Wednesday, September 4, 2013

Queen of Hearts Infinity Loop

It has been a while (like 6 months) since I last posted anything here, mostly due to working and finishing up my degree (yay).  And then it was summer, and I was working on a big comfy sweater.  But finally, fall is almost upon us! School has started, the heat is slowly coming down, and as Ned Stark would say, winter is coming.  And that means it's time to start knitting. 

I envisioned this lovely pattern and knit it up in pretty much two days. It knits so fast and comes out super cozy and warm. I knit it in a smaller size, but if you double the stitches (and the yarn amount) you should come out with a lovely infinity loop that you can wrap around twice rather than just once. 

Without further ado, the pattern.

Size S(L) 

*note* I haven't knit this up in large just yet, but really I'm just doubling the number of stitches. Any multiple of 16 will do if you want a shorter or longer or in-between length loop.

You'll need:
Yarn - worsted weight, category 4 about 300(600) yards. I used Lion Brand Nature's Choice Organic Cotton in almond because even though wool would be warmer, I can't turn down soft and fluffy
Needles - size US 11, 8.0 mm circular needles
A tapestry needle to weave in the ends

Stitches to know:
Right twist (RT)
Left twist (LT)
For a great video tutorial on right and left twists, use this. I couldn't explain/show it better myself.

With 2 strands, cast on 80(160) stitches, place marker, be careful not to twist, and join

Work 2x2 ribbing for 3 rows

Row 1: *k2, p2, k2, p10* repeat across
Row 2: *k2, p2, k2, p1, RT, LT, RT, LT, p1*
Row 3: *k2, p2, k2, p1, k8, p1*
Row 4: *k2, p2, k2, p1, k3, RT, k3, p1*
Row 5: *k2, p2, k2, p1, k8, p1*
Row 6: *k2, p2, k2, p1, LT, k4, RT, p1*
Row 7: *k2, p2, k2, p2, k6, p2*
Row 8: *k2, p2, k2, p2, LT, k2, RT, p2*
Row 9: *k2, p2, k2, p3, k4, p3*
Row 10: *k2, p2, k2, p3, LT, RT, p3*
Row 11: *k2, p2, k2, p4, k2, p4*
Row 12: *k2, p2, k2, p4, RT, p4*
Row 13: *k2, p2, k2, p10*
Row 14: *k2, p2, k2, p10*
Row 15: *k2, p2, k2, p4, RT, p4*
Row 16: *k2, p2, k2, p4, k2, p4* 
Row 17: *k2, p2, k2, p3, RT, LT, p3 *
Row 18: *k2, p2, k2, p3, k4, p3*
Row 19: *k2, p2, k2, p2, RT, k2, LT, p2*
Row 20: *k2, p2, k2, p2, k6, p2*
Row 21: *k2, p2, k2, p1, RT, k4, LT, p1*
Row 22: *k2, p2, k2, p1, k8, p1*
Row 23: *k2, p2, k2, p1, k3, RT, k3, p1*
Row 24: *k2, p2, k2, p1, k8, p1*
Row 25: *k2, p2, k2, p1, LT, RT, LT, RT, p1*
Row 26: *k2, p2, k2, p10*

Work 3 rows 2x2 ribbing and bind off using your preferred method

TADA! If you knit the small size, you can also wear it like this (but hopefully with something cuter than I'm wearing in this picture)

Enjoy knitting this up, and keep your noses warm this winter!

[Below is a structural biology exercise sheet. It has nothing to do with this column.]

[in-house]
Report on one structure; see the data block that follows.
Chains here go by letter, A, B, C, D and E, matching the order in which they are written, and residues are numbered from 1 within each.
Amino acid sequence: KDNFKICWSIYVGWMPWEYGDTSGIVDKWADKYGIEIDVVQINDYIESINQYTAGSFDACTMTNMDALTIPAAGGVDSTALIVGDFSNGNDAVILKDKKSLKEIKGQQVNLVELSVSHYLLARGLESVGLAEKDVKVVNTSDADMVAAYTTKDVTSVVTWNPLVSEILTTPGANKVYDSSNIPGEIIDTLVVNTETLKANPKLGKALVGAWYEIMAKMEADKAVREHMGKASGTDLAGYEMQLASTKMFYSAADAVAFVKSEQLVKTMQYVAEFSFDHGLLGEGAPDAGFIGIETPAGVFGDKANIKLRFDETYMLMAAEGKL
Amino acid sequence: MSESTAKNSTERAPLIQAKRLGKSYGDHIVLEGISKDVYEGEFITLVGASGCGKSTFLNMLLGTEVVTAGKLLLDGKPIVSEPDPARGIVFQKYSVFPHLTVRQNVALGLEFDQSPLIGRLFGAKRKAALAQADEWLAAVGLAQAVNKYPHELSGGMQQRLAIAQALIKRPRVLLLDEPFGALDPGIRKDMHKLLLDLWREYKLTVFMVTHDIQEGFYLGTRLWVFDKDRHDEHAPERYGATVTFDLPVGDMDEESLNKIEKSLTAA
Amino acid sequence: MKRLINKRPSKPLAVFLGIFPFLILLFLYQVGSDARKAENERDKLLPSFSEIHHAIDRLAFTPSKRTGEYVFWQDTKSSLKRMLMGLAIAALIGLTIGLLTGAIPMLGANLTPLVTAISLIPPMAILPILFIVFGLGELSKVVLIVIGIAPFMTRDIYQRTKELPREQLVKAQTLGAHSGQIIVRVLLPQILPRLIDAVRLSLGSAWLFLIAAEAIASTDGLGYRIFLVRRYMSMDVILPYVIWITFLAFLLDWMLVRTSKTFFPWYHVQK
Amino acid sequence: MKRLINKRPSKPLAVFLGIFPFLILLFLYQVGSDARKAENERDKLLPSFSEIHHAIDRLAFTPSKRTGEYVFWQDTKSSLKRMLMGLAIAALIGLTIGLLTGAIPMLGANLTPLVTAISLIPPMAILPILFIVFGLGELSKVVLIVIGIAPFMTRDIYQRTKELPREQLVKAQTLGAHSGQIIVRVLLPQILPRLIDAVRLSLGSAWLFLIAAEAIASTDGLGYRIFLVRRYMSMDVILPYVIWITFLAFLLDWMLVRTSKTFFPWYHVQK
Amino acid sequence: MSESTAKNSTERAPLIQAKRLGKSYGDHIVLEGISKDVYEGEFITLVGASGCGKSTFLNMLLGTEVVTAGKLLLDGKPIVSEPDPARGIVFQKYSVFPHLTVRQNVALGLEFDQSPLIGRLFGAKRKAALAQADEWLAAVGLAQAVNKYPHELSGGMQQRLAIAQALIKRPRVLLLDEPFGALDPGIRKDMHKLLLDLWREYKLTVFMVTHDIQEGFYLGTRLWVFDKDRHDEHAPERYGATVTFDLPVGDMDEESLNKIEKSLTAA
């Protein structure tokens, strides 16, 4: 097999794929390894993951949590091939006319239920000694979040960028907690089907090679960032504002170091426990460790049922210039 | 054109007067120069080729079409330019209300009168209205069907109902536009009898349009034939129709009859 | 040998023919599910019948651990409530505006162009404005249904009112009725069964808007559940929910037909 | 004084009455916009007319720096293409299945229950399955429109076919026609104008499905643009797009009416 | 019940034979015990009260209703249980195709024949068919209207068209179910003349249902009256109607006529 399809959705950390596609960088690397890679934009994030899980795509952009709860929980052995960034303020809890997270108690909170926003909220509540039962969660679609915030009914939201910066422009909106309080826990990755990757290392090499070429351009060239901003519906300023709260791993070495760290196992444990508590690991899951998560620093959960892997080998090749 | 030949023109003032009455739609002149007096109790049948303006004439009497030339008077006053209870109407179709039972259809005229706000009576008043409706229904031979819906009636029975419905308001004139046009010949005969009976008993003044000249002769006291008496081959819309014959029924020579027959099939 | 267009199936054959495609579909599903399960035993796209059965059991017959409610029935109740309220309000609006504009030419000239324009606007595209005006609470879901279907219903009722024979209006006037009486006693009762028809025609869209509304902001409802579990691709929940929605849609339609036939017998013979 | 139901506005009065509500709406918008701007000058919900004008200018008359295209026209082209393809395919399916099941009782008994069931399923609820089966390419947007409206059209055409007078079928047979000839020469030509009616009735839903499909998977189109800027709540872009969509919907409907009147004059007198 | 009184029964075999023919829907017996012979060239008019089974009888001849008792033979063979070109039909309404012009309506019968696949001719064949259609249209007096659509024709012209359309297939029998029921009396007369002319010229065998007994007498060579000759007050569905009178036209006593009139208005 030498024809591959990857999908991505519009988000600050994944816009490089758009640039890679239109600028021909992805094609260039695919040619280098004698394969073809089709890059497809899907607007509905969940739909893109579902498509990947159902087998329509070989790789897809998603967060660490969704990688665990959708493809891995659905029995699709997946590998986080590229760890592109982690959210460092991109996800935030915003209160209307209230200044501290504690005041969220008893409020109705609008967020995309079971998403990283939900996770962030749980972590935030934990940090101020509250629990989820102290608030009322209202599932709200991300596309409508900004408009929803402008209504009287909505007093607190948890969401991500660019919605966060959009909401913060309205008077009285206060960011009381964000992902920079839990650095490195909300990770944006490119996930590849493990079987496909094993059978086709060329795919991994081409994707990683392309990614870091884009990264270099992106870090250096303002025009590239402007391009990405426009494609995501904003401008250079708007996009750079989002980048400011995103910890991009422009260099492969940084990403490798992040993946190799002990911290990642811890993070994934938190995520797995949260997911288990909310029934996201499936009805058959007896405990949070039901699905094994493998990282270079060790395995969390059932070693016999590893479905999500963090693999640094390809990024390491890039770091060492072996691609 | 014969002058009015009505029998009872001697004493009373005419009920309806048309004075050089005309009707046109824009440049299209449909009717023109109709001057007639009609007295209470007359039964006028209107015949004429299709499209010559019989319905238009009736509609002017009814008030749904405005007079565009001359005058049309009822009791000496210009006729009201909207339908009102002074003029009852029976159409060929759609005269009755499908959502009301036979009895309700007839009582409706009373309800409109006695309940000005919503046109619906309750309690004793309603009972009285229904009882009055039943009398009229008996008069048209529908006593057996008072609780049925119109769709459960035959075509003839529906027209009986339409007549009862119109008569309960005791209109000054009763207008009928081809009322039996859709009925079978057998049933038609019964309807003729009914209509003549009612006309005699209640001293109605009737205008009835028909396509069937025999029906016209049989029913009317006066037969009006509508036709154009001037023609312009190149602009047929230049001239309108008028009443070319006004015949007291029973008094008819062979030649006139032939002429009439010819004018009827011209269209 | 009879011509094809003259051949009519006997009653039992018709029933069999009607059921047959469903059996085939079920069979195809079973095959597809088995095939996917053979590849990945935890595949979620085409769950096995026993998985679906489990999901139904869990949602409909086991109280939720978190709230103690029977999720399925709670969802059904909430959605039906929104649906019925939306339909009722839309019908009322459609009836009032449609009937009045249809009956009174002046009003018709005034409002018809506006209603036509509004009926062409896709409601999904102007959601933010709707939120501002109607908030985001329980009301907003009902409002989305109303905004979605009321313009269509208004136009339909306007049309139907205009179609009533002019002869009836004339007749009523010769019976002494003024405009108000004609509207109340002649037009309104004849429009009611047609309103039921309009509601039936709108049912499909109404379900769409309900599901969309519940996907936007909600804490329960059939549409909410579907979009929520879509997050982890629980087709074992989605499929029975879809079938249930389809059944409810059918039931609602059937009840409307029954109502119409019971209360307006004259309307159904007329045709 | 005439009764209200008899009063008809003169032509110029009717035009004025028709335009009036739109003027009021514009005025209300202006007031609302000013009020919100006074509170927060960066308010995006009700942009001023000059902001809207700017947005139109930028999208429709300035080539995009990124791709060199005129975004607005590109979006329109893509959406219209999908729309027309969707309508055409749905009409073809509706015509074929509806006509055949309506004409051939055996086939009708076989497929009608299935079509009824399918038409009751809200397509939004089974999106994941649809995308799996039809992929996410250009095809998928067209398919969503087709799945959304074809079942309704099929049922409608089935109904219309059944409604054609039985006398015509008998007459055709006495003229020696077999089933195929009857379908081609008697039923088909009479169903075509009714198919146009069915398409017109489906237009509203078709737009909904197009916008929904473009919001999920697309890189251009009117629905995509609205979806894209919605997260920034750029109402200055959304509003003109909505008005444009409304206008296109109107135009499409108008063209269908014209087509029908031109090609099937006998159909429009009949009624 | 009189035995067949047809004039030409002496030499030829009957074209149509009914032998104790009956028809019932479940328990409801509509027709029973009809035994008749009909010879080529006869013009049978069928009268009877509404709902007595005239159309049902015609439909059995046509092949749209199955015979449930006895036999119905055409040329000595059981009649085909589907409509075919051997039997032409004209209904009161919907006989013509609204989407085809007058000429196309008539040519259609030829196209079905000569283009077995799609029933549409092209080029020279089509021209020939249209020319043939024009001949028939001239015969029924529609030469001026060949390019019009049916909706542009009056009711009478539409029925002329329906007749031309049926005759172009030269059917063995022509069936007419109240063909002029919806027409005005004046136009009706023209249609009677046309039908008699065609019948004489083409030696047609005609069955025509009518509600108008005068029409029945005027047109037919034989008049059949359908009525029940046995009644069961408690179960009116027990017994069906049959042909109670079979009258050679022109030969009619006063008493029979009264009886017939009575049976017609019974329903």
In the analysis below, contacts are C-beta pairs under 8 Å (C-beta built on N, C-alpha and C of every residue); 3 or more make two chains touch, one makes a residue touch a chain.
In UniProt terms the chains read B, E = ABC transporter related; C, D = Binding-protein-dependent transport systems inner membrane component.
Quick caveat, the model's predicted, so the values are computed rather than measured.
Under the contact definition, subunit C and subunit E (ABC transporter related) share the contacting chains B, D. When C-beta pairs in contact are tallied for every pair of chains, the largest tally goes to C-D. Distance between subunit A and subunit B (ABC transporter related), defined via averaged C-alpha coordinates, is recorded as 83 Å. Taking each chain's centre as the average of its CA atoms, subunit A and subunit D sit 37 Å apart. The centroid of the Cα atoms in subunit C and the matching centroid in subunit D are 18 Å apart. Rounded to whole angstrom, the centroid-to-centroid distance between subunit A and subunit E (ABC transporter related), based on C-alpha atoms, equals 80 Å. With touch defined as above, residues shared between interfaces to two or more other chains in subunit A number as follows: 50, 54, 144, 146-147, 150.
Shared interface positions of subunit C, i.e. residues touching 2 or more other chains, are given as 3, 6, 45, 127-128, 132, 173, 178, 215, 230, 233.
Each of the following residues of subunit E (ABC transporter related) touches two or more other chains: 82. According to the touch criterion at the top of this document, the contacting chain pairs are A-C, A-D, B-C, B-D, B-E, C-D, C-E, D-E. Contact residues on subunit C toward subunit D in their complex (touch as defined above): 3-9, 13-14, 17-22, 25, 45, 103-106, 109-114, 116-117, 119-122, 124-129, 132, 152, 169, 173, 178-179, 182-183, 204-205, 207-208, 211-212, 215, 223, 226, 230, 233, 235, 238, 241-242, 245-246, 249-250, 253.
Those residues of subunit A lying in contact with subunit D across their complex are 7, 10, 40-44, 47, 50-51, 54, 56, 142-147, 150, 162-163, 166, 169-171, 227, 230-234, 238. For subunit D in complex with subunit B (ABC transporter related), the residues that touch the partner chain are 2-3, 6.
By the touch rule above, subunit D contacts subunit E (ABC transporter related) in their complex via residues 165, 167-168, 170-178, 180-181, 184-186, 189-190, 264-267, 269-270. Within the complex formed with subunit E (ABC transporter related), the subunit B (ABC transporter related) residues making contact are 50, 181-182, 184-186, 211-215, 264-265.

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Friday, January 25, 2013

Simple Math for Easier Knitting

So I realize it has been a very long time since my last post. I've been very busy at school, and so getting a pattern ready to post has been a bit of a struggle. I'm not sure if I have anyone who reads regularly, but I feel obligated to at least get in a post for January. So I decided to talk about knitting math.

I love math. I had a great time with math classes in High School, but I haven't had much math during my university years. So I do enjoy when a pattern calls for me to use a bit of math, even if it is easy math.

The thing is, all patterns have a gauge. You knit up the gauge square in the needles, and if it doesn't reach that 4x4 inches square, then you need to switch to a smaller or larger needle. That's pretty basic knitting stuff. Now I don't know about you, but I don't have a knitting needle in every size. And I can't afford to just run out to the store and by a needle every time I don't have the right size for gauge. This is where my math skills come in handy. For super complicated patterns, this might not be the best, but I've used it for sweaters and had no problem.

First, their gauge A stitches by B rows = 4 inches square
And your gauge C stitches by D rows = 4 inches square

Now say that pattern calls for you to cast on 26 stitches.

You'll take 26 stitches x  4 inches   x C stitches  = how many stitches you'll need
                                      A stitches     4 inches

And say the pattern calls for 20 rows.

You'll take 18 rows x 4 inches x  D rows  = how many rows you'll need
                                  B rows     4 inches

Let's do an example!

Their gauge is 15 st. by 20 rw. = 4 inches square
And say your gauge is 18 st. by 24 rw. = 4 inches square

Now comes the math.

26 stitches x  4 in.  x 18 st. = 31.2 stitches, round up or down depending on your pattern
                      15 st.     4 in. 

18 rows x  4 in.  x 24 rw. = 21.6 rows, round up or down depending on the pattern
                 20 rw.    4 in.              

And there you have it. Simple math to make things easier when you don't have the right needle. :-)

Enjoy the rest of your January, and I hope to see you in February with a sweater pattern. :-) Happy knitting!